The above-mentioned tube if of the Thomson model, would be highly suited to the predetermined object; here the negative charge is transmitted to two diametrically opposed points, adn in the inner part, the cathodes are represented by two specular and concave aluminum conductors, whilst in the center of the tube is to be found the anode formed by the platinum cone receiving the positive charge.

When the current is discharging towards the tube, the cathodal rays strike the platinum cone at their focus respectively on each side, and thus large quantitites of rays are projected in straight lines perpendicularly to the superficies of the tube.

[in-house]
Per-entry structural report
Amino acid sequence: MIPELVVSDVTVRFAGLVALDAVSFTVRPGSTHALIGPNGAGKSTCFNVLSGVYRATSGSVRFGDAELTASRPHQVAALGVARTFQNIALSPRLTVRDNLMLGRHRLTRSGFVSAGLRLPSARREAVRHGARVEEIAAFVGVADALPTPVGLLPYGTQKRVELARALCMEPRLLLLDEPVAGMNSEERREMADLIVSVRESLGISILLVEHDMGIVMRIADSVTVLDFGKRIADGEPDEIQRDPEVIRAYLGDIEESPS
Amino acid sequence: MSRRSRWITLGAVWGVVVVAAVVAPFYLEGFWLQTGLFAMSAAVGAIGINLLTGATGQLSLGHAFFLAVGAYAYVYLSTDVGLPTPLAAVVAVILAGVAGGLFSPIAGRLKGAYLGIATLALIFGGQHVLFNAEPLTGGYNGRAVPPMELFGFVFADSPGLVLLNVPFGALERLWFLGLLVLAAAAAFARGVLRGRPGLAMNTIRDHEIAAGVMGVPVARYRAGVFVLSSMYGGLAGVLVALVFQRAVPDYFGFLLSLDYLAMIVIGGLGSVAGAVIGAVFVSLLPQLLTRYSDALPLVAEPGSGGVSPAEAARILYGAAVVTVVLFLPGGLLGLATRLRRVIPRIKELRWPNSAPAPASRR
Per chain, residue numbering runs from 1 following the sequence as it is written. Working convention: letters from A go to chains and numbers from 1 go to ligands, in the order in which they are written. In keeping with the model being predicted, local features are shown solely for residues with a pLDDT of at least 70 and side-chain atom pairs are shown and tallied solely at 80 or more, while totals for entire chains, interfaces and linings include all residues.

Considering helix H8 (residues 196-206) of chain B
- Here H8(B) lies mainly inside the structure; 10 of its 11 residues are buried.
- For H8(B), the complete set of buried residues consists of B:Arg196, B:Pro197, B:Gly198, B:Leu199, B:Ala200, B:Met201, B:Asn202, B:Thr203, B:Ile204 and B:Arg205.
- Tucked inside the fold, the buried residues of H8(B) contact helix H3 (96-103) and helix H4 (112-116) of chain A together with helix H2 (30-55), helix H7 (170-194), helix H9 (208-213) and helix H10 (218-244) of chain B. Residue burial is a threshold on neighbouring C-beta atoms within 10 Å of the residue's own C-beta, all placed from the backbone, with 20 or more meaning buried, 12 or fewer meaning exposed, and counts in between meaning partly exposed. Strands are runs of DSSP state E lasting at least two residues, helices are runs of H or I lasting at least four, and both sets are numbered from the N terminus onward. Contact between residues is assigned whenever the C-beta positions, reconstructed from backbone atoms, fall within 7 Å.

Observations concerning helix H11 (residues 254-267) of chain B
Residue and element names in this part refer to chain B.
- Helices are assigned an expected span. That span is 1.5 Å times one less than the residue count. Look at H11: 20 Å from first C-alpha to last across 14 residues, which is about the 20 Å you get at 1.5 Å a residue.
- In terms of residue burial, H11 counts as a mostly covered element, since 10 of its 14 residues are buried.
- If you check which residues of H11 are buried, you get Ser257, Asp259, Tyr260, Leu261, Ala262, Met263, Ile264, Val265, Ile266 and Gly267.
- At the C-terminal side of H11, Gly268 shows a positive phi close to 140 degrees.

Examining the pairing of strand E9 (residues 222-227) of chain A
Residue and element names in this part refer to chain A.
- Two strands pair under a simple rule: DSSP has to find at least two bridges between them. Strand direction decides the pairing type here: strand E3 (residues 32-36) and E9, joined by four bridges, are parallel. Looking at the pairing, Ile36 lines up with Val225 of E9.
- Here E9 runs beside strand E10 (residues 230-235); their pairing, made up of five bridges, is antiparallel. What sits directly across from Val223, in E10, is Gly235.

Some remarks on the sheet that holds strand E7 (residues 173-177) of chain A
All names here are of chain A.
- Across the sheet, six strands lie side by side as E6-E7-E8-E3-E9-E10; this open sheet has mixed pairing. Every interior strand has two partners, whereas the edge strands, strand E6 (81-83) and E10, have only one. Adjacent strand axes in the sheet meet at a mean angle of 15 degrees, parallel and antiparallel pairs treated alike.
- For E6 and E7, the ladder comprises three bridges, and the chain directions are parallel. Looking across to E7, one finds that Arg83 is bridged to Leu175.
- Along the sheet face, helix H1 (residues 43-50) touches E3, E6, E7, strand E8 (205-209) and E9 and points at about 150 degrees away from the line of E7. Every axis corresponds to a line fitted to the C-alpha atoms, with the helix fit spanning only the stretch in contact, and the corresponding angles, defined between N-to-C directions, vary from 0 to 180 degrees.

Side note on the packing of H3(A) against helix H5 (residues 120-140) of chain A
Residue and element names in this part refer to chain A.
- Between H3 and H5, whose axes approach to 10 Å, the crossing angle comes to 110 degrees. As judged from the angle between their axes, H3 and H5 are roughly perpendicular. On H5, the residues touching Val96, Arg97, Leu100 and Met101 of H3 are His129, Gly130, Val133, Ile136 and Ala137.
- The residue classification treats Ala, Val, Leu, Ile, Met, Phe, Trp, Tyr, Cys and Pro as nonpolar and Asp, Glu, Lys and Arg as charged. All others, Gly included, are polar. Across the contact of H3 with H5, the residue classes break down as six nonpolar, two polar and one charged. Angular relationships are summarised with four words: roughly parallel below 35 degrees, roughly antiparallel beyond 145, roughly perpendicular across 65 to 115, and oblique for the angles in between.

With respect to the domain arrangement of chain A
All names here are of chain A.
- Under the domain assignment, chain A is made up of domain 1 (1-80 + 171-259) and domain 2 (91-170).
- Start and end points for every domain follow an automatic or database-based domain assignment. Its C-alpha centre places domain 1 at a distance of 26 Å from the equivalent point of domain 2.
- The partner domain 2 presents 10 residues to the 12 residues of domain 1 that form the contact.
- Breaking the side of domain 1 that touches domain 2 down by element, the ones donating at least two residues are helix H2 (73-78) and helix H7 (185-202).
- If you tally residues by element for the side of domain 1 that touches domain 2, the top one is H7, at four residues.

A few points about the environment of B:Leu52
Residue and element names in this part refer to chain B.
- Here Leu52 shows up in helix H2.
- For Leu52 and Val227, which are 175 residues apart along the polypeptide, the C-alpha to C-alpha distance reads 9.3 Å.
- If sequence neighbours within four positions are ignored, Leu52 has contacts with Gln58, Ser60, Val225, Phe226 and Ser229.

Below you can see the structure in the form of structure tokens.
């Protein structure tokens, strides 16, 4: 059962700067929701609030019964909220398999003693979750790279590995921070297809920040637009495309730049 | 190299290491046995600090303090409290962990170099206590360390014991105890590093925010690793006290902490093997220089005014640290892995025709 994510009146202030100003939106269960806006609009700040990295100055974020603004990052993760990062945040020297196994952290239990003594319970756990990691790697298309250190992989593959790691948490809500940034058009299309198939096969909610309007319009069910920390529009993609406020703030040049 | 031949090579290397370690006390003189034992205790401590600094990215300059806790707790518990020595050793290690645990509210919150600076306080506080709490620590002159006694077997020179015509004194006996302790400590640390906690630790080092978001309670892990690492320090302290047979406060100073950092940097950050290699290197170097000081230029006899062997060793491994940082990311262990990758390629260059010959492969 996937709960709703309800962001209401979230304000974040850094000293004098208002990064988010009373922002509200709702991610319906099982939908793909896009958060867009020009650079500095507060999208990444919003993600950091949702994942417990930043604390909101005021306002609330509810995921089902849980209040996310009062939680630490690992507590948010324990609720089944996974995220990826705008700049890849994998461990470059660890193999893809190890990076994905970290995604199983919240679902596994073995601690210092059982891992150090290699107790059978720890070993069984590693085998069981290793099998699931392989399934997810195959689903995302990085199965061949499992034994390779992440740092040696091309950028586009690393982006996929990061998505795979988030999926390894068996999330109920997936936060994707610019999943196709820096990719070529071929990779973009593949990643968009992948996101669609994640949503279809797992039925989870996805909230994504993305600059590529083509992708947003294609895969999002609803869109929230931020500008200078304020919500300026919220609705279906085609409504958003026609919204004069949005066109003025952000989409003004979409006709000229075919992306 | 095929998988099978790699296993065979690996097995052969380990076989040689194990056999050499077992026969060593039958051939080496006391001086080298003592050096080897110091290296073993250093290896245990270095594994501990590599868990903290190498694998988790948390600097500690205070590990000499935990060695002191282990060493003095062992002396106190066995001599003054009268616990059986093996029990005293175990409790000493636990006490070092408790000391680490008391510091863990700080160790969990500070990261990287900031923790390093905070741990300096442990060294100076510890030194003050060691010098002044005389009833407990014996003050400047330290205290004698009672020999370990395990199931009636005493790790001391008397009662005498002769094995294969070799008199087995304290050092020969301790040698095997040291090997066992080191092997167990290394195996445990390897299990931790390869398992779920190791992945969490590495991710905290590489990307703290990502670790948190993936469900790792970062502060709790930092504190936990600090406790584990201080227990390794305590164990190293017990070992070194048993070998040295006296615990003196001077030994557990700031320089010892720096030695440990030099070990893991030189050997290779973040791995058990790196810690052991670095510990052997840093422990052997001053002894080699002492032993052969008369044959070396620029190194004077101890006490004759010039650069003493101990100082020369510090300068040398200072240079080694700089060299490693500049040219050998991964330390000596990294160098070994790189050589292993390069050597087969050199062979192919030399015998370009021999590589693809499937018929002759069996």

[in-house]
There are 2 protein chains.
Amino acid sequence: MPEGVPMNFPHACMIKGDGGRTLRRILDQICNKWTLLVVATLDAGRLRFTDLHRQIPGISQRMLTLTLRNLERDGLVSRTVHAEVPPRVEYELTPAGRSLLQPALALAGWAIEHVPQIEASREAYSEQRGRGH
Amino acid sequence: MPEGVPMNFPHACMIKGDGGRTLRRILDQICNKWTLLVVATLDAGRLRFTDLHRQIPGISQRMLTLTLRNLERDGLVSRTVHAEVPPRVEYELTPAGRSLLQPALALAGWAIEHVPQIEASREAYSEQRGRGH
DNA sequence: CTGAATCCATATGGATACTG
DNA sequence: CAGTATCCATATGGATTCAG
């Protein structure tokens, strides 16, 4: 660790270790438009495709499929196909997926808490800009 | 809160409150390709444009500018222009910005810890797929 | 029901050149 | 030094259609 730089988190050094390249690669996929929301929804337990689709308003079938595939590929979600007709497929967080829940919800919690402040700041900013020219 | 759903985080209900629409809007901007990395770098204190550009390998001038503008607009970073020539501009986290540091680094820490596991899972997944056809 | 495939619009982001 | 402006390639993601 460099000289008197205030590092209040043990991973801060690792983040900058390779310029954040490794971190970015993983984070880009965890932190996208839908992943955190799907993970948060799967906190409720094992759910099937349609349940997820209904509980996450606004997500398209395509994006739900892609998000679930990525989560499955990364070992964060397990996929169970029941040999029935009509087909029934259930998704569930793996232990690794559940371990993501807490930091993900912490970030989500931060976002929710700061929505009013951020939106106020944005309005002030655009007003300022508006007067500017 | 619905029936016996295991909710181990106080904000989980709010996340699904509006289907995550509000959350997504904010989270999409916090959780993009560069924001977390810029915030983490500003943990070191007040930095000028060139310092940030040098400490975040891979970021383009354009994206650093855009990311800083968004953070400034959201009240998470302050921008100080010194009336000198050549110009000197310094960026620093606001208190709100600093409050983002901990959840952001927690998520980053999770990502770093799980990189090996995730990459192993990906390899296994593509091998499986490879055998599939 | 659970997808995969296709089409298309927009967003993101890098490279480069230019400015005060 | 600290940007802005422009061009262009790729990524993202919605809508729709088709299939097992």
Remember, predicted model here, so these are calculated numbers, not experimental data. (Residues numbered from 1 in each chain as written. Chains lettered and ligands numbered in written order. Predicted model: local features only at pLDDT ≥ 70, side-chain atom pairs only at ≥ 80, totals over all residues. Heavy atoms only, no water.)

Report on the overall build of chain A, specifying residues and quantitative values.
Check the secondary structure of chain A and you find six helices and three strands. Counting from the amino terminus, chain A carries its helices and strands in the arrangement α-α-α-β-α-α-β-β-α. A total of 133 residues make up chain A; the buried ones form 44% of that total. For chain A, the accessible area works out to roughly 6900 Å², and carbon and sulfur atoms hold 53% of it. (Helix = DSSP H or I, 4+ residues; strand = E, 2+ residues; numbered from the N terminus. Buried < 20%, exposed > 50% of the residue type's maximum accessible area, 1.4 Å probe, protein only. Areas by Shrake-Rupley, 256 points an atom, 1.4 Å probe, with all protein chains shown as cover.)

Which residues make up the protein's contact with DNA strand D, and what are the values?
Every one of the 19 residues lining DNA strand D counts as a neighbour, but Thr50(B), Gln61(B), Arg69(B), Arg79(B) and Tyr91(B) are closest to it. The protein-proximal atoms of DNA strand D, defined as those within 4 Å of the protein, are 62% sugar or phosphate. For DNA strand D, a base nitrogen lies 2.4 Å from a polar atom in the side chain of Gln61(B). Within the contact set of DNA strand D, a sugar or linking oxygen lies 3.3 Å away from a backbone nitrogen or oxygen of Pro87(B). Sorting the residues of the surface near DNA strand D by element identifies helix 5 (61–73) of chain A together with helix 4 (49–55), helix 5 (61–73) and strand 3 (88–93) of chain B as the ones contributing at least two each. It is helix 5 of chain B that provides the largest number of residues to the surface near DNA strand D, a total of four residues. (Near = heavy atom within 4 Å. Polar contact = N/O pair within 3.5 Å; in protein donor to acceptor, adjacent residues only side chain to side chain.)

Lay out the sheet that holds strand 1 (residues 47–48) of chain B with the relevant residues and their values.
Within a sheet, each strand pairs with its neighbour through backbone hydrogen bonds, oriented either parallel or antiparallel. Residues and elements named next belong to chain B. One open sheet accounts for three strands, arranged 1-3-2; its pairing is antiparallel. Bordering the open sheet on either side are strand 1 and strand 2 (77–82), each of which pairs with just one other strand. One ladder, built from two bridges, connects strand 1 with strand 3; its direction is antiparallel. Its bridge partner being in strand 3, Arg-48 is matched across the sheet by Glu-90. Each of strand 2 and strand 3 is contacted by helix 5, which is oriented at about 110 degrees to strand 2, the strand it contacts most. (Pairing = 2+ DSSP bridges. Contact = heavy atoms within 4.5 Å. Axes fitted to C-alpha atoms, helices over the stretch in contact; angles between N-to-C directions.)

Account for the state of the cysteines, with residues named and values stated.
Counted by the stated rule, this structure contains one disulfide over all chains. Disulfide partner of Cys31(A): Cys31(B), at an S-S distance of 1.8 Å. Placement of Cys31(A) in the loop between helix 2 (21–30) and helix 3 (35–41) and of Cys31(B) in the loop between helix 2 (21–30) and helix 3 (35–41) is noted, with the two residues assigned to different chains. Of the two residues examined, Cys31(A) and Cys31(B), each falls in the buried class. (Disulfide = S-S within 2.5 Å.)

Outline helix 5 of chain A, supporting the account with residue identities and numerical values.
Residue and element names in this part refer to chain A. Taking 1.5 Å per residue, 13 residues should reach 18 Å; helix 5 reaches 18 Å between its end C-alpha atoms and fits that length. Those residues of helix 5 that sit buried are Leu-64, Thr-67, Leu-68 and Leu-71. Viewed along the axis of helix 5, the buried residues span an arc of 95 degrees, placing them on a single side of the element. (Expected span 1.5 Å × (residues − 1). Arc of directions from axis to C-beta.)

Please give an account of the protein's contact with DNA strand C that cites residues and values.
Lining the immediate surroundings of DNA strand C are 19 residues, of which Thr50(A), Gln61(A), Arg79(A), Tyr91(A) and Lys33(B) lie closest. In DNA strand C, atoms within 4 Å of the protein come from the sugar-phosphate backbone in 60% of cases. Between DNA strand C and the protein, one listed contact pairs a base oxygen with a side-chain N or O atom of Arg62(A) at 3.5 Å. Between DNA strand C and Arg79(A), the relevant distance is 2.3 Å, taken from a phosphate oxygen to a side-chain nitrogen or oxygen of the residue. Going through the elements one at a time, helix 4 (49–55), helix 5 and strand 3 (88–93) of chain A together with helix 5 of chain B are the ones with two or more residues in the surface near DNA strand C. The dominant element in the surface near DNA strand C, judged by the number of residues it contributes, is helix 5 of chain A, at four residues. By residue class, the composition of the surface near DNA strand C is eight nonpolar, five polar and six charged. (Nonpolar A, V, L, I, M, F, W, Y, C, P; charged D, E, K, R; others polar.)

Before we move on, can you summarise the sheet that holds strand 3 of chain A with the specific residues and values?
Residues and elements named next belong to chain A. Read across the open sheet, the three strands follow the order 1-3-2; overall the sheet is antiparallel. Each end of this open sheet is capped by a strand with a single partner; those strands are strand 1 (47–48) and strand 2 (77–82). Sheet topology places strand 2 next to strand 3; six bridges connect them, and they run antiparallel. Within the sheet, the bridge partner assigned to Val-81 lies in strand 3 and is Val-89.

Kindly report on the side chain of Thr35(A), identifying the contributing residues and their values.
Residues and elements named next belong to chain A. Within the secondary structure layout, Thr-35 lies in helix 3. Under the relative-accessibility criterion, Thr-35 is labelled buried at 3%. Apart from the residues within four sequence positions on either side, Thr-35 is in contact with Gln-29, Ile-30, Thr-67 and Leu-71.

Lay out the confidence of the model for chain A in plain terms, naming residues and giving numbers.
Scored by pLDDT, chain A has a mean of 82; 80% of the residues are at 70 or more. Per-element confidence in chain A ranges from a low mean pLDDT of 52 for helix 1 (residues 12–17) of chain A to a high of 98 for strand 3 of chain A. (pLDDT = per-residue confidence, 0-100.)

The phenomena to be verified in this apparatus are the following :--

The rays emanating from the tube, when it is placed in the above-mentioned position, whilst they strike the surrounding air rendering it ionized and consequently conductive, must at the same time traverse the copper wires impregnating them with negative electricity. The extent of the layer of ionized air and the intensity of the negative charge will undoubtedly depend on the greater or lesser power of the apparatus in which the Roentgen and cathodal rays are generated.